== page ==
Ronni Chasen Murder: Man Connected to Hollywood Publicist's Death Kills Himself
New details are emerging about the man who killed himself in connection with Hollywood publicist Ronni Chasen's murder—including that he was "agitated" for days about police.
In a rundown apartment house, located in a bleak part of Hollywood, the mystery of Ronni Chasen's murder deepened Wednesday night when a man police say they believe was connected to the publicist's killing shot himself around 5:30 p.m., as officers got ready to serve a search warrant. Neighbors said the man's first name was Harold.
A few hours after the shooting, Kevin McClure from the Los Angeles Police robbery homicide division appeared before reporters. He said that at 5:30 p.m., the Hollywood division had received a call from the Beverly Hills Police Department, saying they were going to attempt to talk to someone at the Harvey Apartments. When they went to his residence, he pulled out a handgun and shot himself, McClure said, adding that the man was pronounced dead on the scene.
Gallery: Ronni Chasen Murder Mystery
"There was blood all over the floor and it looked like brain matter," said Terri Gilpin, a neighbor, speaking of the scene in the lobby last night.
Though speculation Wednesday night was that Harold was Caucasian, which fit into some of the more elaborate Russian murder plot conspiracy theories floating around, multiple sources told The Daily Beast Thursday that he was African American. Neighbors' descriptions of him ran counter to a portrait of a man who could carry out the Chasen murder, which has confounded police.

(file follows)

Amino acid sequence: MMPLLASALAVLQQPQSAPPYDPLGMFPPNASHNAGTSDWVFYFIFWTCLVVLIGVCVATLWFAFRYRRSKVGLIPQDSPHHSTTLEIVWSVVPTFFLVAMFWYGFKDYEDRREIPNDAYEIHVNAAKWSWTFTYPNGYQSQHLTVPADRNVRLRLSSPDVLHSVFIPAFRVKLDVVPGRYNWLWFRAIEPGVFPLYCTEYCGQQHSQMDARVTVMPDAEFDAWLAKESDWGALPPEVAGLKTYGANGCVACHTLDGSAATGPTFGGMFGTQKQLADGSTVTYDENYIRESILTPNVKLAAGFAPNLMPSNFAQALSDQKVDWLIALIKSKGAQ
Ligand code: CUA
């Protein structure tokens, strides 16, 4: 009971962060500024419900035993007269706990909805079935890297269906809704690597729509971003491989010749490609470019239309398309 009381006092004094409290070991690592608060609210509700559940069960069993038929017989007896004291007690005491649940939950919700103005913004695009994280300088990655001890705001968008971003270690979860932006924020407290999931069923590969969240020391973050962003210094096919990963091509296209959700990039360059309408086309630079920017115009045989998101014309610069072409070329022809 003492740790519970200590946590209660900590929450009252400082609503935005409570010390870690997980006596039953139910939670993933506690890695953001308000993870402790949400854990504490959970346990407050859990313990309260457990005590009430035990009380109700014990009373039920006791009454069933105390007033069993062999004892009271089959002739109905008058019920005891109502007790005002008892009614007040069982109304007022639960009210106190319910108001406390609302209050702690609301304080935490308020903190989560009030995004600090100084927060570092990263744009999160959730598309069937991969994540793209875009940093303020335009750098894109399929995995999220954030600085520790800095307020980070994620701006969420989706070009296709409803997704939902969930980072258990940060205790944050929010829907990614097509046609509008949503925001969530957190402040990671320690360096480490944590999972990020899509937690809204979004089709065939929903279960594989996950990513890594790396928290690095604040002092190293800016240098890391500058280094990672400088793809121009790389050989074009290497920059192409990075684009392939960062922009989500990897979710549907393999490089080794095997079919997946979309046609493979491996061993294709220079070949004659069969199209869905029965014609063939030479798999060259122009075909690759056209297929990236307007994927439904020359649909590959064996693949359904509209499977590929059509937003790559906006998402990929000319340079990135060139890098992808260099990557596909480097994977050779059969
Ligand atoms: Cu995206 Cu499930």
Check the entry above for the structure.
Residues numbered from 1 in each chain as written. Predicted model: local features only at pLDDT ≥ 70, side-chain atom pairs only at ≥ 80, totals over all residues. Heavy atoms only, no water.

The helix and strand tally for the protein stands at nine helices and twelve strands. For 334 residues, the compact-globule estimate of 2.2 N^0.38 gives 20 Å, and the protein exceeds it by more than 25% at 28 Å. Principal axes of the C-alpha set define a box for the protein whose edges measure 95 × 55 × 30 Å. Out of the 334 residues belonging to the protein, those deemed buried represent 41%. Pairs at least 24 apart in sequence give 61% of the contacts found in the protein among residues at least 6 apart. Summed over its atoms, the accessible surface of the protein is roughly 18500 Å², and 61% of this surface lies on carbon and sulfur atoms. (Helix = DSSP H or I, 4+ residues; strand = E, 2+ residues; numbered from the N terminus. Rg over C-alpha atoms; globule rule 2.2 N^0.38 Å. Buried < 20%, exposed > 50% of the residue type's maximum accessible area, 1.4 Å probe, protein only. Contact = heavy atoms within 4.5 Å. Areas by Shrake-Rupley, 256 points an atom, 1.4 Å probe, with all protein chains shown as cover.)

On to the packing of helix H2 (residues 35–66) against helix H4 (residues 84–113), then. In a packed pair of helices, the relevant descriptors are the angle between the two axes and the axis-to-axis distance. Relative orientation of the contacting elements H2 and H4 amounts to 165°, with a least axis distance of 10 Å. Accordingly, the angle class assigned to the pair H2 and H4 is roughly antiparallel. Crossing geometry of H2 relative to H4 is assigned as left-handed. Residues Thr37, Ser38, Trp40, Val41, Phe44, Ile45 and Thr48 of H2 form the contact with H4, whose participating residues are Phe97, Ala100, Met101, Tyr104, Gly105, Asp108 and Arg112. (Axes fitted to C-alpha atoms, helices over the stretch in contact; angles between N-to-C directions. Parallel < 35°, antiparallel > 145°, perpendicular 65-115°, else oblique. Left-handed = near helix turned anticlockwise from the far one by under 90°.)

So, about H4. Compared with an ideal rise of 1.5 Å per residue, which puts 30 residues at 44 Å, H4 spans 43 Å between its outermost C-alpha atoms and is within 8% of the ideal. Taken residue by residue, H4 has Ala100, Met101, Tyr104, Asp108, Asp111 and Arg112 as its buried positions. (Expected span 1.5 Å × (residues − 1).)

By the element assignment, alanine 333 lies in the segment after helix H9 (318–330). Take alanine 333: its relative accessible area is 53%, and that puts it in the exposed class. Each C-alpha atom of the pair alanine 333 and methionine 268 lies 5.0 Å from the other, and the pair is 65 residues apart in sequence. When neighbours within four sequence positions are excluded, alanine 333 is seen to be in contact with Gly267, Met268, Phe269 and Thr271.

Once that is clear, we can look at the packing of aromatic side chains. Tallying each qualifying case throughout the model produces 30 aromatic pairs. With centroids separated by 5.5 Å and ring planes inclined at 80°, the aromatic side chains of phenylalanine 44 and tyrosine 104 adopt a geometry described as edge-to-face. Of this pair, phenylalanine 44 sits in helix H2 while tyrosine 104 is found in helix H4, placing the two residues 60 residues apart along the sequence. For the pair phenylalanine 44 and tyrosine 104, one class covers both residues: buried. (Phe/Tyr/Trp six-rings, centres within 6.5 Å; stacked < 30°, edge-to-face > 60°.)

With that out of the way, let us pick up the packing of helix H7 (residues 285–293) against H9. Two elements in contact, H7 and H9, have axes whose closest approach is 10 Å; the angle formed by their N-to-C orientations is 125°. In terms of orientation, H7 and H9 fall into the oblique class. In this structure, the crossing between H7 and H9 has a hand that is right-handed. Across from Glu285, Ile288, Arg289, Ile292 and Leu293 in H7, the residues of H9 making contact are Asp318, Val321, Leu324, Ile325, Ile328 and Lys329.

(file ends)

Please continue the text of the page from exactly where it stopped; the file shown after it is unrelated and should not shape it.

On Thursday morning, a neighbor told The Daily Beast’s Claire Martin that Harold had said he was a two-strike felon, and had told this neighbor, who did not want to be named, “I messed up,” shortly after the Chasen shooting.
Robin Lyle, a second neighbor, who works at a Cadillac dealership, confirmed to The Daily Beast on Thursday that Harold had talked about receiving some money and had been waiting for $10,000, but that when it came it was much less—around $2,000.
Tony Lee of the Beverly Hills Police Department described the man as a "person of interest" only, and corrected himself when he used the word "suspect." He added that the Chasen "investigation is ongoing."
Lyle said that Harold, whose last name he believed was Smith, had a stutter, and rode a beach cruiser.(He had no car that Lyle knew of.) Harold, he said, wore gray gardening gloves whenever he went out: "He said it was for his protection.” Lyle described him as African American, 6 foot 3, with a thin build and a short afro. "He was a mellow guy, always pleasant. He blinked a lot. He said he'd been in jail a couple of times."
The anonymous neighbor said he thought Harold had been evicted but came back to the building, using a key he'd copied from when he lived here. He lived in room 329 here. "He was calm," the neighbor said, "But every once in a while he would get agitated and say, 'Have the cops been here, have the cops been here?'"
How the man might be linked to Chasen's murder is not yet clear. Four law enforcement sources told the Los Angeles Times that he was indeed a suspect but police would not give a name of the man—or even confirm that he was a suspect. Tony Lee of the Beverly Hills Police Department described him as a "person of interest" only, and corrected himself when he used the word "suspect." He added that the Chasen "investigation is ongoing."